Where Republicans Stand on Donald Trump: A Cheat Sheet
Who has jumped on the bandwagon? Who’s sticking with #NeverTrump? And who hasn’t made up their mind yet? A continually updated inventory
How do you solve a problem like The Donald? For Republicans and conservatives, the time for hoping Trump would simply burn himself out, collapse, and go away is over. With the exits of Ted Cruz and John Kasich, the entertainer is now the presumptive GOP nominee.
That poses a dilemma for the Republican official or conservative opinionmaker who doesn’t like Trump, disagrees with his policies, and/or thinks he will harm GOP and the conservative movement. Swallow hard and back Trump? Try to coalesce around a third-party candidate? Sit out the election and risk allowing Hillary Clinton to win the presidency, or even back her rather than risk letting Trump win?
As the chaotic and failed attempts to stop Trump over the 10 months have shown, there’s no obviously right choice. But which choice are people making? Here’s a list of some major figures and where they stand on Trump—right now. We’ll keep it updated as other important people take stances, or as these ones change their views about Trump.
George W. Bush: ABSTAINThe former president “does not plan to participate in or comment on the presidential campaign,” an aide told the Texas Tribune. (May 4, 2016)
George H.W. Bush: ABSTAIN“At age 91, President Bush is retired from politics. He came out of retirement to do a few things for Jeb, but those were the exceptions that proved the rule,” an aide told the Texas Tribune. (May 4, 2016)
Mitt Romney: ABSTAINThe party’s 2012 nominee—and one of Trump’s staunchest critics during the primary—has not made his vote known, but he told The Washington Post he would skip the Republican National Convention in Cleveland, and said at a D.C. dinner that he won’t be supporting Trump. (May 5, 2016)
Bob Dole: UNDECIDEDThe former Senate majority leader and 1996 GOP presidential nominee will be the only living GOP nominee to attend the RNC. He hasn’t committed to backing Trump but said in January that Trump would be preferable to Cruz. (May 5, 2016)
John Boehner: YEAThe former speaker, who says he and Trump are “texting buddies,” told an audience at Stanford University that he’d back Trump in the general election. (April 28, 2016)
Tom DeLay: UNDECIDEDThe former House majority leader hasn’t spoken out since Trump’s ascension, but was highly critical of him during the primary: “We have got to stop Trump. Whatever it takes without cheating or violating the rules of the Republican primaries,” he told Newsmax.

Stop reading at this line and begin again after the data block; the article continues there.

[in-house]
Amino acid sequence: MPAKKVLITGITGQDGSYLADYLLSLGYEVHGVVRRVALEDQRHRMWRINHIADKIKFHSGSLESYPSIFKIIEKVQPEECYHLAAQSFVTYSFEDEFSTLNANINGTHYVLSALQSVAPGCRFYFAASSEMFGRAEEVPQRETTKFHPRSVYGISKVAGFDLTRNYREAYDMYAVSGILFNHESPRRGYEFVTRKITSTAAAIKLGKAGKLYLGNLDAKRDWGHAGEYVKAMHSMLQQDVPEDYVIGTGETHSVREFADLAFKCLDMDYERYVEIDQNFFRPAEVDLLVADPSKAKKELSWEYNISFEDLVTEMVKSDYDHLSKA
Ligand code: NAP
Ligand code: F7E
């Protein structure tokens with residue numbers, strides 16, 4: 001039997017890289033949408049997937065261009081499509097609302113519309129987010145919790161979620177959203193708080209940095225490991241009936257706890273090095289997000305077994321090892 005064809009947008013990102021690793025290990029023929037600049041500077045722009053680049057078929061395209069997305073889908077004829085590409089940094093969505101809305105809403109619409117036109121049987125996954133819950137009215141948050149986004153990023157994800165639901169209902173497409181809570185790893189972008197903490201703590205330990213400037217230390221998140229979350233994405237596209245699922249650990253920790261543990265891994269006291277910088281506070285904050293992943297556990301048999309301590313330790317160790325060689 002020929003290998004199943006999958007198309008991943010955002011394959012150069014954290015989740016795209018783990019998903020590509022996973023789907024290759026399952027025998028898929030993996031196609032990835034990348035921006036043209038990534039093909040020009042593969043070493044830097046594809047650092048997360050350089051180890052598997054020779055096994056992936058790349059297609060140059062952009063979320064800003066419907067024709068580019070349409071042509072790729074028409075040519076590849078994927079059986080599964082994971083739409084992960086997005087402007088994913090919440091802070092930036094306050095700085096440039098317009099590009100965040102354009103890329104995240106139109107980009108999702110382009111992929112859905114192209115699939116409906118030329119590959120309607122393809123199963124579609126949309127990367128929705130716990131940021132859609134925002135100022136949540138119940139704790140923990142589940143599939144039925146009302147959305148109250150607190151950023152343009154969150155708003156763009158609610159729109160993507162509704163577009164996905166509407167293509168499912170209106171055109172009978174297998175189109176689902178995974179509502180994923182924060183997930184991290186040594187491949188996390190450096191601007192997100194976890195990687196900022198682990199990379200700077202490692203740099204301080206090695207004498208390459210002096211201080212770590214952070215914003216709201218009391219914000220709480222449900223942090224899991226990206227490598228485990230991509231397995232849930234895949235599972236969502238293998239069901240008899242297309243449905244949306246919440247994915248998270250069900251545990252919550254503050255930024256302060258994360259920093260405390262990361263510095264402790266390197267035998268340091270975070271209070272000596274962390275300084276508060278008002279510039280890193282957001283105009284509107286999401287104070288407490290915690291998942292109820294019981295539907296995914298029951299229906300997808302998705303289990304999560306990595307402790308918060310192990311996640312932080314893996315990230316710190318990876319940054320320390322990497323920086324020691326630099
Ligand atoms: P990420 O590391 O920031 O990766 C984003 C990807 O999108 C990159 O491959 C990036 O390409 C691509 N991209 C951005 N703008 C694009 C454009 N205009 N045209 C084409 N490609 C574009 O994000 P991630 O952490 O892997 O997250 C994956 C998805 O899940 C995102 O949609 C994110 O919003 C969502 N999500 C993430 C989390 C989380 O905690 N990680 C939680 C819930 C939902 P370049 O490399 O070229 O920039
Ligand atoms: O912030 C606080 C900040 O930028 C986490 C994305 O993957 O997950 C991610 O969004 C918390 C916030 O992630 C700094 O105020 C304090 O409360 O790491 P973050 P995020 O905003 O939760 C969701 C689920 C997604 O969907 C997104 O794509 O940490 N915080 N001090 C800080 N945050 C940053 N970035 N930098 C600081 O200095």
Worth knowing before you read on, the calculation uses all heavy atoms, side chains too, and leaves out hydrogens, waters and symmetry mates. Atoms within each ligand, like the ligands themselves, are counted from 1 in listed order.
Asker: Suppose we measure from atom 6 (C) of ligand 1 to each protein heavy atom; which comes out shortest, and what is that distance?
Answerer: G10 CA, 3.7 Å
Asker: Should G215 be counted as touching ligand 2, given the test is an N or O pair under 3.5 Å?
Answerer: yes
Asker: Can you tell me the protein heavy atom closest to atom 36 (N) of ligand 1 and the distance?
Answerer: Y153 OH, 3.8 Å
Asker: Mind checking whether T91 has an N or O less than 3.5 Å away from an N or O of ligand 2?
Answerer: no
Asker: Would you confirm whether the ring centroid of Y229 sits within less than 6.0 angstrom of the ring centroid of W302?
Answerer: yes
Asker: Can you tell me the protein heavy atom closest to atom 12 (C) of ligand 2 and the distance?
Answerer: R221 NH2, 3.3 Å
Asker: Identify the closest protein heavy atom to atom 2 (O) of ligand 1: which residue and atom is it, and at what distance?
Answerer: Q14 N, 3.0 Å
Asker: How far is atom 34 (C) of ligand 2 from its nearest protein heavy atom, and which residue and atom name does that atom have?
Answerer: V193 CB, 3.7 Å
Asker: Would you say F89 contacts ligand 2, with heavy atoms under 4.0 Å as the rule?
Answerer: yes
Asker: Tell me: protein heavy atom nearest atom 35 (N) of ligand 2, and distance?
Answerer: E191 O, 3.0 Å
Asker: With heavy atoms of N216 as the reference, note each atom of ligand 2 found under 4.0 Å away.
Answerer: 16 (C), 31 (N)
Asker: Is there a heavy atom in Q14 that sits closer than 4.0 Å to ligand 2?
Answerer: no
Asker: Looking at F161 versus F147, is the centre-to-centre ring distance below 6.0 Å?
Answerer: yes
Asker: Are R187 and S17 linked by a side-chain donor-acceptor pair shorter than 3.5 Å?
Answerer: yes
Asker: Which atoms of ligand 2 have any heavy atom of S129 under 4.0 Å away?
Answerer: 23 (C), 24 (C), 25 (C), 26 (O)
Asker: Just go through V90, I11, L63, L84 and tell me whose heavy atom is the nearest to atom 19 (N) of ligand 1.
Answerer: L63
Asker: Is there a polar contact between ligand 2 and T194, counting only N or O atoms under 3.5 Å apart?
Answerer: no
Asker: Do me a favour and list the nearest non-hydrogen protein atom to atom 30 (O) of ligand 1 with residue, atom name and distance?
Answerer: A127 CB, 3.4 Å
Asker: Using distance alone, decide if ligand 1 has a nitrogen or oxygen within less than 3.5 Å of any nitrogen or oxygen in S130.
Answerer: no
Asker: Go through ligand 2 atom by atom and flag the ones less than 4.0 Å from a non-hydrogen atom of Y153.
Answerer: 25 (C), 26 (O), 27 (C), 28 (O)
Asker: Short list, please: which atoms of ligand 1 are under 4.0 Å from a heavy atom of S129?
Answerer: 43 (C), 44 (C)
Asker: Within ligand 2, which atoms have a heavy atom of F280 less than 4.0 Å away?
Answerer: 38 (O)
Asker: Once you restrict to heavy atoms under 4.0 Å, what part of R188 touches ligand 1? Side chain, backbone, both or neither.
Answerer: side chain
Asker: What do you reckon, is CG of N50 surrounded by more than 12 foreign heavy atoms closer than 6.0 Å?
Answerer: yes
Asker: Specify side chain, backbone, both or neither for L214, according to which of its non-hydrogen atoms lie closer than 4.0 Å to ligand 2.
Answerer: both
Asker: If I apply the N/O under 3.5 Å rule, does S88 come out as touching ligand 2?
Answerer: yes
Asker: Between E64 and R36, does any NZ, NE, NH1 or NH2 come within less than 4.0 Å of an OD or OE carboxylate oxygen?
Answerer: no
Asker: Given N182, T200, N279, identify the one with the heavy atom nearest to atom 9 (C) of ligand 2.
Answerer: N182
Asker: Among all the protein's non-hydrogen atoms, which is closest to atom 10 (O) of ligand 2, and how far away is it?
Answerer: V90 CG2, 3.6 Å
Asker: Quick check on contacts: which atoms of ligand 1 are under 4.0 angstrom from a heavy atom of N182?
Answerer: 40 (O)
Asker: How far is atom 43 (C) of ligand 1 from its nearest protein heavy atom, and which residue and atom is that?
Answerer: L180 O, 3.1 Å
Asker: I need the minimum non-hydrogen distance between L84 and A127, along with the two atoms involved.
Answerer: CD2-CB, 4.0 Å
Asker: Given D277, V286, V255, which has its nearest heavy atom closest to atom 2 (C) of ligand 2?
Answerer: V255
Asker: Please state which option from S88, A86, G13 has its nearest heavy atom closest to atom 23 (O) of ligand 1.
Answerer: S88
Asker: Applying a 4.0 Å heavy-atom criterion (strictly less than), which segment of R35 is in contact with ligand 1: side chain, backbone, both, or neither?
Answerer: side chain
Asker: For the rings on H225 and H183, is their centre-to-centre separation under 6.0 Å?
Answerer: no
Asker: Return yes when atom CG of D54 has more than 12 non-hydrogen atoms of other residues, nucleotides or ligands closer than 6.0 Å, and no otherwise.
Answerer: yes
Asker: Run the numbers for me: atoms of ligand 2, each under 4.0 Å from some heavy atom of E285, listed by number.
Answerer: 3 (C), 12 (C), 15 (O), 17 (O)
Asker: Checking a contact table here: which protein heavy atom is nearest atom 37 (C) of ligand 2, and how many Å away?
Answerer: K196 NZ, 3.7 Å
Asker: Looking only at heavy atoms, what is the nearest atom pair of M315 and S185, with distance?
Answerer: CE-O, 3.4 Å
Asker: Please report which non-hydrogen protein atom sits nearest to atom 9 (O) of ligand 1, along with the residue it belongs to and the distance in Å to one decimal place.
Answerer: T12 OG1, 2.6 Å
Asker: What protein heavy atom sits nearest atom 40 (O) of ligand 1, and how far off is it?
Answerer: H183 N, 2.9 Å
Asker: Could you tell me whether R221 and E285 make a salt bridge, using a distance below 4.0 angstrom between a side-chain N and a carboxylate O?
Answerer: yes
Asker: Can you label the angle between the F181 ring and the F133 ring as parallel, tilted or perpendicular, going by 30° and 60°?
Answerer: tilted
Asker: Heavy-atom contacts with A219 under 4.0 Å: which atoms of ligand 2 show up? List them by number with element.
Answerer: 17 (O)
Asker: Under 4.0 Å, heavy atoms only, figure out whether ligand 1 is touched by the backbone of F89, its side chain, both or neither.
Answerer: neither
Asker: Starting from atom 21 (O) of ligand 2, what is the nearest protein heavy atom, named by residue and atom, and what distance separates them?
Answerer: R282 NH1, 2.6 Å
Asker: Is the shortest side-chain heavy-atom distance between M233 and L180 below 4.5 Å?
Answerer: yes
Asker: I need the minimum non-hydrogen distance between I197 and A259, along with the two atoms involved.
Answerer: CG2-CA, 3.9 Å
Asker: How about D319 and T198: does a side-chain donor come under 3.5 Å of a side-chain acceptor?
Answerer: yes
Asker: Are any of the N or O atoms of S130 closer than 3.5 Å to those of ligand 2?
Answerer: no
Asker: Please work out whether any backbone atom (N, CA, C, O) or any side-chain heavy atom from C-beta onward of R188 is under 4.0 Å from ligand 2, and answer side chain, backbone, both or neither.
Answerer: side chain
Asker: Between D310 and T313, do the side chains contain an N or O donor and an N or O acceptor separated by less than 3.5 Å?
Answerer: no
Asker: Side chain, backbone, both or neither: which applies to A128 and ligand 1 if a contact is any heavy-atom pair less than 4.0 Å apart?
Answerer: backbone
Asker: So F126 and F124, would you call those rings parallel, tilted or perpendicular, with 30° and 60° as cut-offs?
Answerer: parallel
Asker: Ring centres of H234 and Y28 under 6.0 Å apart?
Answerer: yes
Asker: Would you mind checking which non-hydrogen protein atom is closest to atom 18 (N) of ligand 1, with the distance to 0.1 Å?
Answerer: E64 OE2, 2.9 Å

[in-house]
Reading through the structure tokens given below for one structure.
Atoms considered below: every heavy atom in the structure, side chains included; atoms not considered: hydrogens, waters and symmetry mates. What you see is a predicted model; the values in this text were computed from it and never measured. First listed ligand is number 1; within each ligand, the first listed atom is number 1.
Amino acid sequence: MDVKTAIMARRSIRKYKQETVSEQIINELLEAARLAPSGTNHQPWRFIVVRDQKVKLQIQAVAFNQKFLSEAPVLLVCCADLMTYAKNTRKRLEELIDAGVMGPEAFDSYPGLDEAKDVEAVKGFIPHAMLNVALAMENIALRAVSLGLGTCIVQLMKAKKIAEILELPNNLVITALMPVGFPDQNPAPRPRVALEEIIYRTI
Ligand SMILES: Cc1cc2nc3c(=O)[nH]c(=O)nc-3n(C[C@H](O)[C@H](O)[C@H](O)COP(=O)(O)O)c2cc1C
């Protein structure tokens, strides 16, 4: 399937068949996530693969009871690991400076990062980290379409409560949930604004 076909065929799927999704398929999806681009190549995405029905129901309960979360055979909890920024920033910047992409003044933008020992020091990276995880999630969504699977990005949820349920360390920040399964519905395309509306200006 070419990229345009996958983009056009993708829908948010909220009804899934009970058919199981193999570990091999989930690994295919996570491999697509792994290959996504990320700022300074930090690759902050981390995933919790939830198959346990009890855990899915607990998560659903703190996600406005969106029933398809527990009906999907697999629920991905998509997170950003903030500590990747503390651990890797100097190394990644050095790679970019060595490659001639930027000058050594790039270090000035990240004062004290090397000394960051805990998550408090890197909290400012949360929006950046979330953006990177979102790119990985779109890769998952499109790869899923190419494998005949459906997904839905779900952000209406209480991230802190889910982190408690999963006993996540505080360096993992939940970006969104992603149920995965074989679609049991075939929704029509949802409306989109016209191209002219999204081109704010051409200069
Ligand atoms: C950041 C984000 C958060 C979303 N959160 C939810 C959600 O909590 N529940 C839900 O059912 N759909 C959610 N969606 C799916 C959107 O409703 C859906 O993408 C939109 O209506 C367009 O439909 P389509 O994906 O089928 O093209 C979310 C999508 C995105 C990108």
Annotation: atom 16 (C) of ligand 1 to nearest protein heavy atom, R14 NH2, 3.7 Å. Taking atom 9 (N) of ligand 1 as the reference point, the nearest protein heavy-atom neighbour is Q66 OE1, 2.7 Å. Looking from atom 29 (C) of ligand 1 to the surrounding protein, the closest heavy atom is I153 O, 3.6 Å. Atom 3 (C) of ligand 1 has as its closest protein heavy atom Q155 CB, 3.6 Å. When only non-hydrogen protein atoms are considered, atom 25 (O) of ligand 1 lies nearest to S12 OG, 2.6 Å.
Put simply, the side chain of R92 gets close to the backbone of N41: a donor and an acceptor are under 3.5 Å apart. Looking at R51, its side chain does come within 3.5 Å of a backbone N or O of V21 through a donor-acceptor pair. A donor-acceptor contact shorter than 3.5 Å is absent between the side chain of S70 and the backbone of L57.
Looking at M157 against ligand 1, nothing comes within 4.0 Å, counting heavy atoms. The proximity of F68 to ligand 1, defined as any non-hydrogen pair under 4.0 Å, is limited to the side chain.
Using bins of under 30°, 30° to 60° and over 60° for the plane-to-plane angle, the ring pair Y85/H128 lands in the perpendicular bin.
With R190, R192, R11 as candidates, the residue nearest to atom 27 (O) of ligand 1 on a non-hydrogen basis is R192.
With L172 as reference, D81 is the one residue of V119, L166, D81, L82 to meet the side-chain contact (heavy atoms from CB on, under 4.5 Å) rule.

Dick Cheney: UNDECIDEDThe former vice president hasn’t spoken out since Trump’s ascension, but he blasted him during the primary over his stance on 9/11, and said he “sounds like a liberal Democrat.”
Newt Gingrich: YEAThe former speaker of the House did not formally endorse Trump during the primary, but he has repeatedly praised the mogul and his vision, and is said to be a contender for a position in a Trump administration.
Jeb Bush: UNDECIDEDThe former Florida governor and presidential candidate came to detest Trump during the campaign. Bush endorsed Ted Cruz before his exit. He hasn’t said clearly whether he’ll back Trump now, but said in April that he would not attend the Republican National Convention.
Reince Priebus: YEAAs chair of the Republican National Committee, Priebus doesn't really have a choice, though that doesn’t mean he won’t pour Baileys in his cereal over it. (May 4, 2016)
Paul Ryan: UNDECIDEDThe House speaker has said in the past he intended to support the Republican nominee, but he now says he’s not prepared to back Trump—yet. “To be perfectly candid with you, I’m just not ready to that at this point,” he told CNN’s Jake Tapper. “I’m not there. I hope to, and I want to.” He said the party needs “a standard-bearer that bears our standards.” (May 5, 2016)
Mitch McConnell: YEAThe Senate majority leader issued a statement tepidly backing Trump. “I have committed to supporting the nominee chosen by Republican voters, and Donald Trump, the presumptive nominee is now on the verge of clinching that nomination,” he said. (May 4, 2016)
Ted Cruz: UNDECIDEDIn dropping out of the Republican race after losing to Trump, the Texas senator did not make any indication whether he was willing to back his rival. (May 3, 2016)